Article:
1. Threats to biological diversity 2: Over exploitation

2. What is Overexploitation?

Overexploitation is the use in a non-sustainable way of a natural resources. (Images from,,

3. What causes overexploitation? 1

There are many factor involved in overexploitation. Many blame the rich countries for over consuming but it is the poorer countries that are putting pressure on the natural world with a rapidly growing population. The estimations show that Africa will be at a population of 3 billion by the end of this century which is five times what it is now. This human pressure will displace the habitat of other species in the form of land for agriculture, urbanisation and infrastructure.. There is a lack of incentives for any country to clean up its act, if there were environmental taxes enforced worldwide then countries would by forced to take notice. It is suggested that economic growth causes environmental degradation but lowering the rich countries economic growth will in turn lower the poorer countries. As has already been mentioned the pressure put on the environment will carry on increasing as long as the human population carries on increasing, current estimates expect the human population to be around 12 billion by 2100 and all of these people will need a place to live, food to eat and clean water to drink.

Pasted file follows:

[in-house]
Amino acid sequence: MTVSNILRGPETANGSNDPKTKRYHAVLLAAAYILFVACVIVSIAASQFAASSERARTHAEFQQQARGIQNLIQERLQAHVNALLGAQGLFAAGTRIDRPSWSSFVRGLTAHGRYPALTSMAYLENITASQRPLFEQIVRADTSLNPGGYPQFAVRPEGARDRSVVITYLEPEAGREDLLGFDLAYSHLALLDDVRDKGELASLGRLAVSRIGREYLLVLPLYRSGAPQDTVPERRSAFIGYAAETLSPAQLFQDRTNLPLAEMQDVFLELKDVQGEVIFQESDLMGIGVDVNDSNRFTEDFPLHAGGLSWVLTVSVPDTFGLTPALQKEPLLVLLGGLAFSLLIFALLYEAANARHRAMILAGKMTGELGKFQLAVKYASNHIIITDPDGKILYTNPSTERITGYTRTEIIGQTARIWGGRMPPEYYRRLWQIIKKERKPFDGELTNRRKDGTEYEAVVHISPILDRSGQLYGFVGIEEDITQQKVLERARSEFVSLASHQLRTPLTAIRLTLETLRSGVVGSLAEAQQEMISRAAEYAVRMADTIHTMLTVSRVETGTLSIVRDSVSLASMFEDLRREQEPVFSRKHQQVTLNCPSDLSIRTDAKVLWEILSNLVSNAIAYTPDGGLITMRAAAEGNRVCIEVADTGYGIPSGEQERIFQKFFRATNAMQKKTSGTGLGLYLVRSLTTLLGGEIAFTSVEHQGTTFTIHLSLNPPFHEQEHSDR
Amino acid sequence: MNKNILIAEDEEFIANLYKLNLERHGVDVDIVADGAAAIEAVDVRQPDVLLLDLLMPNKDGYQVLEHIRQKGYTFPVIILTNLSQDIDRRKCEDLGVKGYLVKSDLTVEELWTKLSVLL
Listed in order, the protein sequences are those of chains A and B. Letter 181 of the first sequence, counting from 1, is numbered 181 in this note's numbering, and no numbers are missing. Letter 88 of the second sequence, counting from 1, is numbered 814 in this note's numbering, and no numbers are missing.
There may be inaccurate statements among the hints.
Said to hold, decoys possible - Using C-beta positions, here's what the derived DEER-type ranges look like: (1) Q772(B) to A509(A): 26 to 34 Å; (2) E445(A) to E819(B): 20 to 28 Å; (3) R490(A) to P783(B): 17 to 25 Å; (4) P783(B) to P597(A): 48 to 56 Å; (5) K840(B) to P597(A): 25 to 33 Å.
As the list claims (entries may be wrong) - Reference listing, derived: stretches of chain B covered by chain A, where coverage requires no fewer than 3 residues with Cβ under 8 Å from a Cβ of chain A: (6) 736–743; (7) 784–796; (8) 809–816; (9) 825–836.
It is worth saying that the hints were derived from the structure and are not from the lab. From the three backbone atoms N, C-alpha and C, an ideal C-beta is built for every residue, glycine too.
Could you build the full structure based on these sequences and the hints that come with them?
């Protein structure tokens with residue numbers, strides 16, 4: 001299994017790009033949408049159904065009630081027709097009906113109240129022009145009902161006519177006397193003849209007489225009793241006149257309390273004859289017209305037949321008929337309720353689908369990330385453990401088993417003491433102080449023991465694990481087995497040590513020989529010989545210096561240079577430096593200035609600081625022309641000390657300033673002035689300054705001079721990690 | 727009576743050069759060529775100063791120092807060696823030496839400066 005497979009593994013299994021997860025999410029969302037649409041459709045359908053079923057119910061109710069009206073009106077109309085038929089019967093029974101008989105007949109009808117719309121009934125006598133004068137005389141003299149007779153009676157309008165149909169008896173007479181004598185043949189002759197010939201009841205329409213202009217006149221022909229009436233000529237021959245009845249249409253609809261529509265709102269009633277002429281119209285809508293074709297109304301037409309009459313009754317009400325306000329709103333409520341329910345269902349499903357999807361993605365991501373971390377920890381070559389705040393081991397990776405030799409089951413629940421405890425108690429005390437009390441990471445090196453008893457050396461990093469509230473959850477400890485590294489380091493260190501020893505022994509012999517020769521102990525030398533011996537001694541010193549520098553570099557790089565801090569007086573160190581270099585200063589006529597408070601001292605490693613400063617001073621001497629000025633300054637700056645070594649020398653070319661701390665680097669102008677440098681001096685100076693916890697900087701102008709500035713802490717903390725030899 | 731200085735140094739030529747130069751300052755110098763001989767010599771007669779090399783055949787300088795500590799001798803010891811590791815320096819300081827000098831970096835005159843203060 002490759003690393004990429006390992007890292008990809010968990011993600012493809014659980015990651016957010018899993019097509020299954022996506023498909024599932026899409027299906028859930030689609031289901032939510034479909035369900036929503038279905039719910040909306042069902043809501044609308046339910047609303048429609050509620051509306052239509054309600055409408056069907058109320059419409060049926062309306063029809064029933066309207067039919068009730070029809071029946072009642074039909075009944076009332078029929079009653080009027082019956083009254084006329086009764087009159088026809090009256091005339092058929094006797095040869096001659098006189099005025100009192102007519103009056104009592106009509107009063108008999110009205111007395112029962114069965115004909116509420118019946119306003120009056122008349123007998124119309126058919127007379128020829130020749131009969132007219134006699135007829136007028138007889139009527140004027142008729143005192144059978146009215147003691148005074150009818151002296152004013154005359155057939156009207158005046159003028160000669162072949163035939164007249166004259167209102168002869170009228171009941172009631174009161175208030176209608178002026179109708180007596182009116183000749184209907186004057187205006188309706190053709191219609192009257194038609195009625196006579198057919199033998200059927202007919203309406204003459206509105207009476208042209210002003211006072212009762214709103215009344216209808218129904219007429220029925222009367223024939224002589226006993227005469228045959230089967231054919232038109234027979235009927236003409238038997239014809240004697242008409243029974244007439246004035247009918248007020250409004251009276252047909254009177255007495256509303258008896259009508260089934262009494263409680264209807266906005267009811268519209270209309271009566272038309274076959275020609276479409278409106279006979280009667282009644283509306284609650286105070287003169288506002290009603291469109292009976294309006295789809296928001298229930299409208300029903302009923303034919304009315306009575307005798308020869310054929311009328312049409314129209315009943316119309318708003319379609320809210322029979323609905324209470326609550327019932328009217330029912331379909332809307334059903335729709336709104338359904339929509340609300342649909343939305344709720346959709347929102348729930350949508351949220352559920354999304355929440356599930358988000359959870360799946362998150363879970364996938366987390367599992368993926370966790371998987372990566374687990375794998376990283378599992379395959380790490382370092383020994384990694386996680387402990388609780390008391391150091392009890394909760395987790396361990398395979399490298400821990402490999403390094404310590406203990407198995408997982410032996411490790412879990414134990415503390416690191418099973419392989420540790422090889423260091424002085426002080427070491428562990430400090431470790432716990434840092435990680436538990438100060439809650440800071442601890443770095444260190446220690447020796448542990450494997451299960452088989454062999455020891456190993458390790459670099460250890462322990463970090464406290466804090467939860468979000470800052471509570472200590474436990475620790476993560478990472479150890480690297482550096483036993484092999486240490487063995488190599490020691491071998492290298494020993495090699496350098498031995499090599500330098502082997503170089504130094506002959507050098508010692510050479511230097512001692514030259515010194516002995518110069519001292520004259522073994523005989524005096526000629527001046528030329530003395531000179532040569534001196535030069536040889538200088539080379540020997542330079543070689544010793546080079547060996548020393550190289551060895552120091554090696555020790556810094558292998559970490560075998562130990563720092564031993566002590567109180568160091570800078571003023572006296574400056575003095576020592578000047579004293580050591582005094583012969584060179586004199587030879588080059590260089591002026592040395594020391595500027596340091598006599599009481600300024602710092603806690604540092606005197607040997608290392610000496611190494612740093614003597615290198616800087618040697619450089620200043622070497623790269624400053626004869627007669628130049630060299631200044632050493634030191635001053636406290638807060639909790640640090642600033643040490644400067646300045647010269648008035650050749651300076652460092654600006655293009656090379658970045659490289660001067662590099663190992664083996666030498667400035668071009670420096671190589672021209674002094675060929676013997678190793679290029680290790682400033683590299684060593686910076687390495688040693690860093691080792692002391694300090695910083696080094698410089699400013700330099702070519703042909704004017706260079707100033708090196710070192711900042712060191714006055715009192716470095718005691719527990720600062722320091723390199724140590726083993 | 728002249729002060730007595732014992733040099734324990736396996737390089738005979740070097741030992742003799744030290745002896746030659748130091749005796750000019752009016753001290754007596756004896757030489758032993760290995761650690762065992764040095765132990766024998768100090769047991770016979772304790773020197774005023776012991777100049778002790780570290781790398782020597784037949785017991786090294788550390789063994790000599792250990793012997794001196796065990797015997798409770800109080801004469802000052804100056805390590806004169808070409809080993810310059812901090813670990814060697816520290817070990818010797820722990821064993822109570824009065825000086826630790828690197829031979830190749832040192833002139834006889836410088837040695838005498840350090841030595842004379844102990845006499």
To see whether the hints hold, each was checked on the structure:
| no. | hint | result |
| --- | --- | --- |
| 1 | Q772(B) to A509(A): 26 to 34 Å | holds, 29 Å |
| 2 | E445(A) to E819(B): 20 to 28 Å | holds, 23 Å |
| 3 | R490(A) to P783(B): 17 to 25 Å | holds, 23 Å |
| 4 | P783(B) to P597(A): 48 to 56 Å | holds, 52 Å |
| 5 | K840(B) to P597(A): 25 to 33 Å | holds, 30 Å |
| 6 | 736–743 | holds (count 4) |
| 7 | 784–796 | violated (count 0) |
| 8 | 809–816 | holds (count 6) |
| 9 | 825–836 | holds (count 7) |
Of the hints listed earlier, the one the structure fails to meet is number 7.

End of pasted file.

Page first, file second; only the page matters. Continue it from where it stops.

4. Examples of overexploitation: The Aurochs 2

The Aurochs is an example of overexploitation, showing that it is not a modern phenomenon. It was a member of the Bovidae family with a huge range from Britain all the way to Africa. By the 13th century it was only seen in Poland, Lithuania and Prussia and by 1564 it had been hunted down to 38 animals. At this point the rulers of the land imposed a ban on hunting the Aurochs that was punishable by death, they had noticed its rarity, but it only stopped the common folk from hunting it and by 1627 it was extinct. (Image from

5. Examples of overexploitation: The Sea Cow 3

The sea cow was a relation to the dugong or manatee. It was discovered by a group of sailors who had become shipwrecked off Kamchutka in November 1741. They survived on the Sea cow and reported that the sea cows were about 28 feet long and 7-8 tons and moved in the water in herds. When the shipwrecked men made their escape in the august of 1742 they told everyone back home about the riches to be had by hunting this sea cow and by 1768 the animal was extinct. (Image from

6. Examples of overexploitation: The Great Auk 4

The great Auk is another example of our ancestors being particularly ignorant. It was a flightless sea bird with a huge range in the North Atlantic. The bird had few natural predators and so was unafraid of humans and with it being flightless it was a hunters dream. The bird was used for food and feathers and when it became rare it was quite the thing to have one stuffed or keep its eggs. The last pair were killed by a particularly evil hunter who not only killed both the adults but also smashed the egg for good measure. (Image from

7. Examples of overexploitation: The Passenger Pigeon 5

The last example I have for you of humans ignorance is the demise of the passenger pigeon. This bird was seen in huge numbers in North America and was an easy target as they all roosted together. The hunters thought up many cruel ways to kill these birds ranging from feeding them grain soaked in alcohol to beating them down with long sticks. By 1900 all of the birds had gone. (Image from